“I Forgive You” — Forgiven and Free

Forgiven And Free

No other words eliminate guilt and shame as well as these, “I forgive you.” Undeserved and unmerited, they come. Forgiven and free, we leave. The cost of forgiveness always runs heavy. The one wounded carries both the wound and weight. Yet, by God’s immeasurable grace, the one who forgives gains the most and receives the best.

Whether “Please forgive me” or “I forgive you,” I’ve hesitated too long to utter these necessary words on both sides of offense. I’ve stuttered and stammered, delayed and doubted, justified and judged.

I’m not alone!

The rich reward of freedom flows only through forgiveness. Isaiah watched his people perform unlimited religious duties and ceremonies with excellence while ignoring compassionate care for others. God rebuked them sharply for it.

“Is not this the kind of fasting I have chosen:
to loose the chains of injustice
and untie the cords of the yoke,
to set the oppressed free
and break every yoke?”
Isaiah 58:6

None of us need to look far to witness injustice, yokes, and oppression. How do we — in this generation — respond better than they and previous generations to similar issues? How do we move compassionately with love toward those around us? May I suggest that forgiveness plays a strategic role.

Dog Tied

Injustice

My dictionary defines injustice as “an absence of justice, violation of right or of the rights of another, and unfairness.” It also defines justice as “the maintenance or administration of what is just, impartial, or fair; to treat fairly and adequately; to show due appreciation for; the establishment or determination of rights according to the rules of law or equity.”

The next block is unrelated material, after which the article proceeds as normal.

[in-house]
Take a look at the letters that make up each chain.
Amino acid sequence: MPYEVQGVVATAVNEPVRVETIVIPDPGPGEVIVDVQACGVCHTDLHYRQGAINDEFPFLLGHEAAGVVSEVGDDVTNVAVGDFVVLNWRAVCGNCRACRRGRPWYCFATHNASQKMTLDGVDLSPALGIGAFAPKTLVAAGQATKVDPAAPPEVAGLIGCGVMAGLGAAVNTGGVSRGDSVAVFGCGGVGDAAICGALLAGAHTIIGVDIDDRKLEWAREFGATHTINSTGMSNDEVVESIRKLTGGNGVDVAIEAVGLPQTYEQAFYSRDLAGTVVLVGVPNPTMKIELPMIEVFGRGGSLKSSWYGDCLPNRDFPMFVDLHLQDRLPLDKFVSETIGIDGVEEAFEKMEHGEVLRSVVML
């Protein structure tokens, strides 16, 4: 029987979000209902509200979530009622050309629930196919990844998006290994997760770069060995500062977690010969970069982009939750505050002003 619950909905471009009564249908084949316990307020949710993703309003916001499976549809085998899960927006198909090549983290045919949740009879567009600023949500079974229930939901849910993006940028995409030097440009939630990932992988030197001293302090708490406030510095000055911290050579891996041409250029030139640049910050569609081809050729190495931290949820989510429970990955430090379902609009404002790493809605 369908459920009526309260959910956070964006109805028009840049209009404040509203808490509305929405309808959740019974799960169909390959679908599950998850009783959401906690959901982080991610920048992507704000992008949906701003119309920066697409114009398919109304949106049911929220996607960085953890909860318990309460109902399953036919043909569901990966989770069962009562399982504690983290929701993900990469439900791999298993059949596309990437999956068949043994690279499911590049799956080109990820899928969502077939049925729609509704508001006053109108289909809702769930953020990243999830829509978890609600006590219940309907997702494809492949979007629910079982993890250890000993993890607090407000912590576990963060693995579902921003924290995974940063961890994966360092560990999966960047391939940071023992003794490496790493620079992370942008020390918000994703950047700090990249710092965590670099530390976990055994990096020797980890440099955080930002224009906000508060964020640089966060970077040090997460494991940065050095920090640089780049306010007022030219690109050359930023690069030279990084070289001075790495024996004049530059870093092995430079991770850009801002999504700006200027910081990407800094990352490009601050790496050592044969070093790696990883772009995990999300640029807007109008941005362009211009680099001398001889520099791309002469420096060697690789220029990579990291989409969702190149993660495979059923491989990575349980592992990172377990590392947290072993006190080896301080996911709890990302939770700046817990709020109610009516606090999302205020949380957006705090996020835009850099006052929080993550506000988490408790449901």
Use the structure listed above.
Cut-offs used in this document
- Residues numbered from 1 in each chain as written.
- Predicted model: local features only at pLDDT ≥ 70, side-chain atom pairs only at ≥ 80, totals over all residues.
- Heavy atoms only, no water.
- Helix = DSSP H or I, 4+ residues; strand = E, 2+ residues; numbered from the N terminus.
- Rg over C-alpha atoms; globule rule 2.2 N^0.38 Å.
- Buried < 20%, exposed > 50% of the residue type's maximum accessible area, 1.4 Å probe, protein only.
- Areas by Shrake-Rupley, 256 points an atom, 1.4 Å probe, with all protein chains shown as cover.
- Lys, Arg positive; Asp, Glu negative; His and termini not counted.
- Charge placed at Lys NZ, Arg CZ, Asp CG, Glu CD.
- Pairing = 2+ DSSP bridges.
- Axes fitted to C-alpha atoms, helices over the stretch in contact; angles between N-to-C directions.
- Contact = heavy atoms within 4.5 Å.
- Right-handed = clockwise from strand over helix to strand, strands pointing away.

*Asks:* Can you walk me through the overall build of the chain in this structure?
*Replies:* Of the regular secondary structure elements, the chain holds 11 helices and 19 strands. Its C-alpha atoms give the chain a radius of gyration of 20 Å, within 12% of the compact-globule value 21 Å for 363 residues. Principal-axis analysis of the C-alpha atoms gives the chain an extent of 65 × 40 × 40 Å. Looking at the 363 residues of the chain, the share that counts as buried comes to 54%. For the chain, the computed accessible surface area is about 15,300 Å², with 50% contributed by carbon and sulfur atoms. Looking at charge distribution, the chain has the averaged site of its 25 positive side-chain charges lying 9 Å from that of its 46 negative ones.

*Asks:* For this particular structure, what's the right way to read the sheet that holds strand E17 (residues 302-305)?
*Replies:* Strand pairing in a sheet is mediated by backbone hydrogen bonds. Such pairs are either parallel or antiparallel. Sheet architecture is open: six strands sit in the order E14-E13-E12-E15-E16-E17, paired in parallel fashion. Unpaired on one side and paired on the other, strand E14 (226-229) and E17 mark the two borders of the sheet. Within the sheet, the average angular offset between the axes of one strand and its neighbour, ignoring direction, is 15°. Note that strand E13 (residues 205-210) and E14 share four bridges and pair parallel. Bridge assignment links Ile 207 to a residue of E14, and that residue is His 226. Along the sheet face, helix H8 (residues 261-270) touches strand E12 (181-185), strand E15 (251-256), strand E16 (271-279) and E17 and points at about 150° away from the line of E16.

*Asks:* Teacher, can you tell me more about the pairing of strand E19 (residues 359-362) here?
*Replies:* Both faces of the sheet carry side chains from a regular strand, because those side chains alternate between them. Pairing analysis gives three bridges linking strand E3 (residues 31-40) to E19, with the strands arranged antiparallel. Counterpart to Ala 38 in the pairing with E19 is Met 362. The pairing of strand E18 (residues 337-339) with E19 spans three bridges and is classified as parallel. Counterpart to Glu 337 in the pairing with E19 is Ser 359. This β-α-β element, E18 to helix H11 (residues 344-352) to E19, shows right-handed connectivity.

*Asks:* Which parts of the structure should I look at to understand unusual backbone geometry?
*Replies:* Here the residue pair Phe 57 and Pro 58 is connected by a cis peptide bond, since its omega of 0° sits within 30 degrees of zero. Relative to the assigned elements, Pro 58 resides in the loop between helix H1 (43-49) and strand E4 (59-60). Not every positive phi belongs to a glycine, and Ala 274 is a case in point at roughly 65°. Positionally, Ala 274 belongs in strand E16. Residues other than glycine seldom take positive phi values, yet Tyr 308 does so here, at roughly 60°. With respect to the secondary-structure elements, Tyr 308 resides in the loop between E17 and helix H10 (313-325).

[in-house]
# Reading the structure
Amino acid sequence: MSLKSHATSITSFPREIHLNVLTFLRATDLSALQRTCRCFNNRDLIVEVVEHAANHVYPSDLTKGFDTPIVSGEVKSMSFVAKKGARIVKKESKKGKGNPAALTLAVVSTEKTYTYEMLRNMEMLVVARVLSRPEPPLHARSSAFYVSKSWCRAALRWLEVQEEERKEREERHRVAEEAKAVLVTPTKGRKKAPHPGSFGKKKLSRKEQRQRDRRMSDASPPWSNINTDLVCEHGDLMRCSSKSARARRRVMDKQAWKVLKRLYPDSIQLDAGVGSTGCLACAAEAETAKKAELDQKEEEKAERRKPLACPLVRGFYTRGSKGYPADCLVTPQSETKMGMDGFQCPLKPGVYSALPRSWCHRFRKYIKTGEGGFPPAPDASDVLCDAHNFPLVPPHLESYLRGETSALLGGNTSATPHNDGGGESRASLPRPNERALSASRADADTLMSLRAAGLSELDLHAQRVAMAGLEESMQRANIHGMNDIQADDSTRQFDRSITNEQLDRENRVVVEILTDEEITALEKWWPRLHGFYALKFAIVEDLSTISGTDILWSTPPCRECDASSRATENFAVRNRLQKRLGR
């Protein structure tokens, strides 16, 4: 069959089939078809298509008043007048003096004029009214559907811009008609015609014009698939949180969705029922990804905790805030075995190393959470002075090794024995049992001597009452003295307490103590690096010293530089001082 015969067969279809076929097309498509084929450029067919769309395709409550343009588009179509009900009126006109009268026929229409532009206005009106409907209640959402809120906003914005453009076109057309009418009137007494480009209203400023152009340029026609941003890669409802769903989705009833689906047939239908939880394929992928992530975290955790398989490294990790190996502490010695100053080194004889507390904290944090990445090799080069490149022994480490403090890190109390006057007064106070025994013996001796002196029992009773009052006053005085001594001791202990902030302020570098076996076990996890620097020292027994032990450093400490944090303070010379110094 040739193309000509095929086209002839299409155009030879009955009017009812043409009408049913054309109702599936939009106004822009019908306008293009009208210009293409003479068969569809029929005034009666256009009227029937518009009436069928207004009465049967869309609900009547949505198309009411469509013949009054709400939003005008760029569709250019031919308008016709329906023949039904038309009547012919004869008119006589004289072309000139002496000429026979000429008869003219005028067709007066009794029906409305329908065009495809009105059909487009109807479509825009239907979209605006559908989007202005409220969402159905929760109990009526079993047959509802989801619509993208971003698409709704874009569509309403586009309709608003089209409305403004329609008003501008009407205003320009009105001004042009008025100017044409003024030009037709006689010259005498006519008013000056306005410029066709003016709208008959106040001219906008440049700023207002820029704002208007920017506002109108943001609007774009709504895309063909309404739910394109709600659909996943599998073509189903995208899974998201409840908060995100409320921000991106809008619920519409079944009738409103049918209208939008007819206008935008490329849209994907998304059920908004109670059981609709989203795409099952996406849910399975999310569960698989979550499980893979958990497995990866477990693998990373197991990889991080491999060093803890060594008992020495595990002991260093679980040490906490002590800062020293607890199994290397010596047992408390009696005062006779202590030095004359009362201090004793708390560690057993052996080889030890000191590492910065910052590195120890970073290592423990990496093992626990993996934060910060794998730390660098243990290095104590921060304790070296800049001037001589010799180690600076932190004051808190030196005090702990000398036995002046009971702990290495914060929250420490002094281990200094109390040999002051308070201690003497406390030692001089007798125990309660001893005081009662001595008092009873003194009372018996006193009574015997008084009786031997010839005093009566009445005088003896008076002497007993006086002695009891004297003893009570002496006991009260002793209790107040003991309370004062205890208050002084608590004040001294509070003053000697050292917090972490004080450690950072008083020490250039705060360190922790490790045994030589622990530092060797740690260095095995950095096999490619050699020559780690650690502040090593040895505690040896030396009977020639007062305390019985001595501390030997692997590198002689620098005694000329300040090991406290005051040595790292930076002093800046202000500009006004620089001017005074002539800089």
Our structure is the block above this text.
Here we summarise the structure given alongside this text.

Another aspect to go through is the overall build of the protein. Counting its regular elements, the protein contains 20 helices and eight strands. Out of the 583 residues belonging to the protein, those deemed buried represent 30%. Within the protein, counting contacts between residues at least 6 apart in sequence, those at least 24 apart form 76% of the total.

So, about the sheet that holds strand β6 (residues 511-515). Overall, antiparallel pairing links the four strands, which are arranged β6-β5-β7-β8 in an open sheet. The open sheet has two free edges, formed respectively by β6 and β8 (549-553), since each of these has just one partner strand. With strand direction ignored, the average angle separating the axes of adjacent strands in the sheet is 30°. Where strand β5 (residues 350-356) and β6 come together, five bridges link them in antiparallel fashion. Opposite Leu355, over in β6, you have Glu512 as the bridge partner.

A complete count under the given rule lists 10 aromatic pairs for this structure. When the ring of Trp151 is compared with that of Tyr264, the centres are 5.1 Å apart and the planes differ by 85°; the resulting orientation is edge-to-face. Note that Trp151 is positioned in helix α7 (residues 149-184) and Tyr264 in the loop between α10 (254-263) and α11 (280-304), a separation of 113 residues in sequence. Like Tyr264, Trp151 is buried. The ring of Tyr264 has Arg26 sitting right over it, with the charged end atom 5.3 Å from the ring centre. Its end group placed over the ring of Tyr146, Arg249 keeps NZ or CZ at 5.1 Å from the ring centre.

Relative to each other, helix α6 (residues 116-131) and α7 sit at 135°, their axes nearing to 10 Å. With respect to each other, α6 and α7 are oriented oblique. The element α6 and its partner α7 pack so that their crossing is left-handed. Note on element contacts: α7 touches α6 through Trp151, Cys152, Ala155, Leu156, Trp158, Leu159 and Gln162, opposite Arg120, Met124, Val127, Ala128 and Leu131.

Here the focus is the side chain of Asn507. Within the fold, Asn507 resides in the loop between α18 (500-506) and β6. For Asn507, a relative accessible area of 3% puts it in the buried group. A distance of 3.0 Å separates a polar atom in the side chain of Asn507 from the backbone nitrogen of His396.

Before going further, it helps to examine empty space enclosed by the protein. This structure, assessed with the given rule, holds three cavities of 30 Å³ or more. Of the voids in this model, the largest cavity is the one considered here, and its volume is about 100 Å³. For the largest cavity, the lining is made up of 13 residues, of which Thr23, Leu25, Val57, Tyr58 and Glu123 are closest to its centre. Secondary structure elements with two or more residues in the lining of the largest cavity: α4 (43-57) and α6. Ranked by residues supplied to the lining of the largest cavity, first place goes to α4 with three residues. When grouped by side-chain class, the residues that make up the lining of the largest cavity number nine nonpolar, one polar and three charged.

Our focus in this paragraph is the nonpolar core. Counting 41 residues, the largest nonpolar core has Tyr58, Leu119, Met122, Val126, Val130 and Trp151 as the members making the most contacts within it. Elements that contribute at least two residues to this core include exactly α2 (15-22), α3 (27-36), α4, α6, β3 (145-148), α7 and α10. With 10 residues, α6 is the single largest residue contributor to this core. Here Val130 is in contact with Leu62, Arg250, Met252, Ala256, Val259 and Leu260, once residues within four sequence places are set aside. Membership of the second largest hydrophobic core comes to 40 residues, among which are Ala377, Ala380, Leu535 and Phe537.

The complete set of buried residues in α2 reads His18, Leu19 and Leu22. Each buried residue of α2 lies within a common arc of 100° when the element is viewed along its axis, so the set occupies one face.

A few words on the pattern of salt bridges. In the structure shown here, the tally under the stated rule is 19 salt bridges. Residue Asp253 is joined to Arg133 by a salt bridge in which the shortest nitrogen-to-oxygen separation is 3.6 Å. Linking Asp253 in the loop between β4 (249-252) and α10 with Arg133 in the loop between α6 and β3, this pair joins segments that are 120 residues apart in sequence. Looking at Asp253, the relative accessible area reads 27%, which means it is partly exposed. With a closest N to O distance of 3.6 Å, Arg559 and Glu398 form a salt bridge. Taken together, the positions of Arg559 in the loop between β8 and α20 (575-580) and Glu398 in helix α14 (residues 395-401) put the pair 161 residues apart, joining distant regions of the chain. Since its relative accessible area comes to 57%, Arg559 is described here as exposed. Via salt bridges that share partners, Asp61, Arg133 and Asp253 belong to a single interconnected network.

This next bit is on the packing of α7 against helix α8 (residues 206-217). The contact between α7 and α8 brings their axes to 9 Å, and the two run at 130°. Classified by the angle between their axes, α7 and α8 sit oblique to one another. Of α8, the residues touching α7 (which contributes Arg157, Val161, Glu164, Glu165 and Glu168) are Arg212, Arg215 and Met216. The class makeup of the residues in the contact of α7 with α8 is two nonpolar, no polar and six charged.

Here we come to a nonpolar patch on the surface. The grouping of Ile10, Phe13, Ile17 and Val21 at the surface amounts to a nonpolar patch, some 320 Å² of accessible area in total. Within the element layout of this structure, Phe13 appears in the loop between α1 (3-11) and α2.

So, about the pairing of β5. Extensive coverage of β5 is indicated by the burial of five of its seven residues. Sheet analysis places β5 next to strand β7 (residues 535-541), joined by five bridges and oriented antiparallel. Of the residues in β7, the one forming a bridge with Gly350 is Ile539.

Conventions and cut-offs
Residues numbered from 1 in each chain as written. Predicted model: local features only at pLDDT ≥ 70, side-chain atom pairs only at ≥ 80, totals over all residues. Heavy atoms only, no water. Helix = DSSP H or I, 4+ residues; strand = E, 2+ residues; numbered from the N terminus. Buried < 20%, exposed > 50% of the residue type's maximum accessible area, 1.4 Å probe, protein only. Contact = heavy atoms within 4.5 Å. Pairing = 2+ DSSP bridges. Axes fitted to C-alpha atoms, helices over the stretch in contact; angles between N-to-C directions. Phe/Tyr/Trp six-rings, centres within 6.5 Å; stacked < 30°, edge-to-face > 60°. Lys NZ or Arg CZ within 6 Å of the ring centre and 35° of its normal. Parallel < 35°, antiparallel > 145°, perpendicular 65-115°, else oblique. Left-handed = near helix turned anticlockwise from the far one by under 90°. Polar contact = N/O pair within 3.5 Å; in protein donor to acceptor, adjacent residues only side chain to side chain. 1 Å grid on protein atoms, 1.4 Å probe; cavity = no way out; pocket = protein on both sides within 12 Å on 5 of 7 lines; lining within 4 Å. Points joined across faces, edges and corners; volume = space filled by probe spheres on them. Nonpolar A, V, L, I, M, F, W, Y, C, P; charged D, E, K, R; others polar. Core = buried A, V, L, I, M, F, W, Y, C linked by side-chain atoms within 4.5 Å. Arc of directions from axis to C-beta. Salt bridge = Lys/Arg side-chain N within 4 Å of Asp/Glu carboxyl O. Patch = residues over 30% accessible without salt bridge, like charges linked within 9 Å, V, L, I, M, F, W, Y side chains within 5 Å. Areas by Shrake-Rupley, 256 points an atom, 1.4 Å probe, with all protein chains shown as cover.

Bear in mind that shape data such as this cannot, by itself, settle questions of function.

Truthfully, everyone faces injustice — some minor, some extreme.

God doesn’t mince words,

“He has shown you, O mortal, what is good. And what does the LORD require of you? To act justly and to love mercy and to walk humbly with your God.”
Micah 6:8

What does God mean by “loose the chains of injustice” or as another version puts it, “to break the chains of wickedness?” The Hebrew word for chains means “bond, pain, or torment, referring to unjust, wicked bonds usually indicating social, economic, or political oppression.” How do abusive cycles break — cycles where the rich dominate the poor, the strong intimidate the weak, and people emphasize differences and ignore similarities?

Tiger in Zoo

Jesus showed us. He came low and stayed low.

Humility

” . . . he made himself nothing by taking the very nature of a servant, being made in human likeness. And being found in appearance as a man, he humbled himself by becoming obedient to death — even death on a cross!”
Philippians 2:7,8

Forgiveness follows the low road that leads to the high way. Jesus never needed to be forgiven, but forgave us all. Jesus, worthy of honor, dignity, and praise, came only to serve. He thought of us, putting us first before His own needs or desires.

Forgiveness is the highest form of servanthood. Forgiveness bridges the widest gaps, breaks through the strongest chains, and levels the field of injustice. But it requires humility.

Undoubtedly, the unbearable chains of your past exceed mine. However, even some of mine have been difficult to overcome, including molestation and rape. Perpetrators rarely seek forgiveness, but when the abused offer it (even if only before God) chains break — for real, for good, for always.

The greatest injustice in history occurred at the cross where the holy Son of God died for wicked humanity. Yet from that cross, He prayed,

“Jesus said, ‘Father, forgive them, for they do not know what they are doing.’ . . . “
Luke 23:34

Ever since, chains break and people experience freedom.

Untie the Cords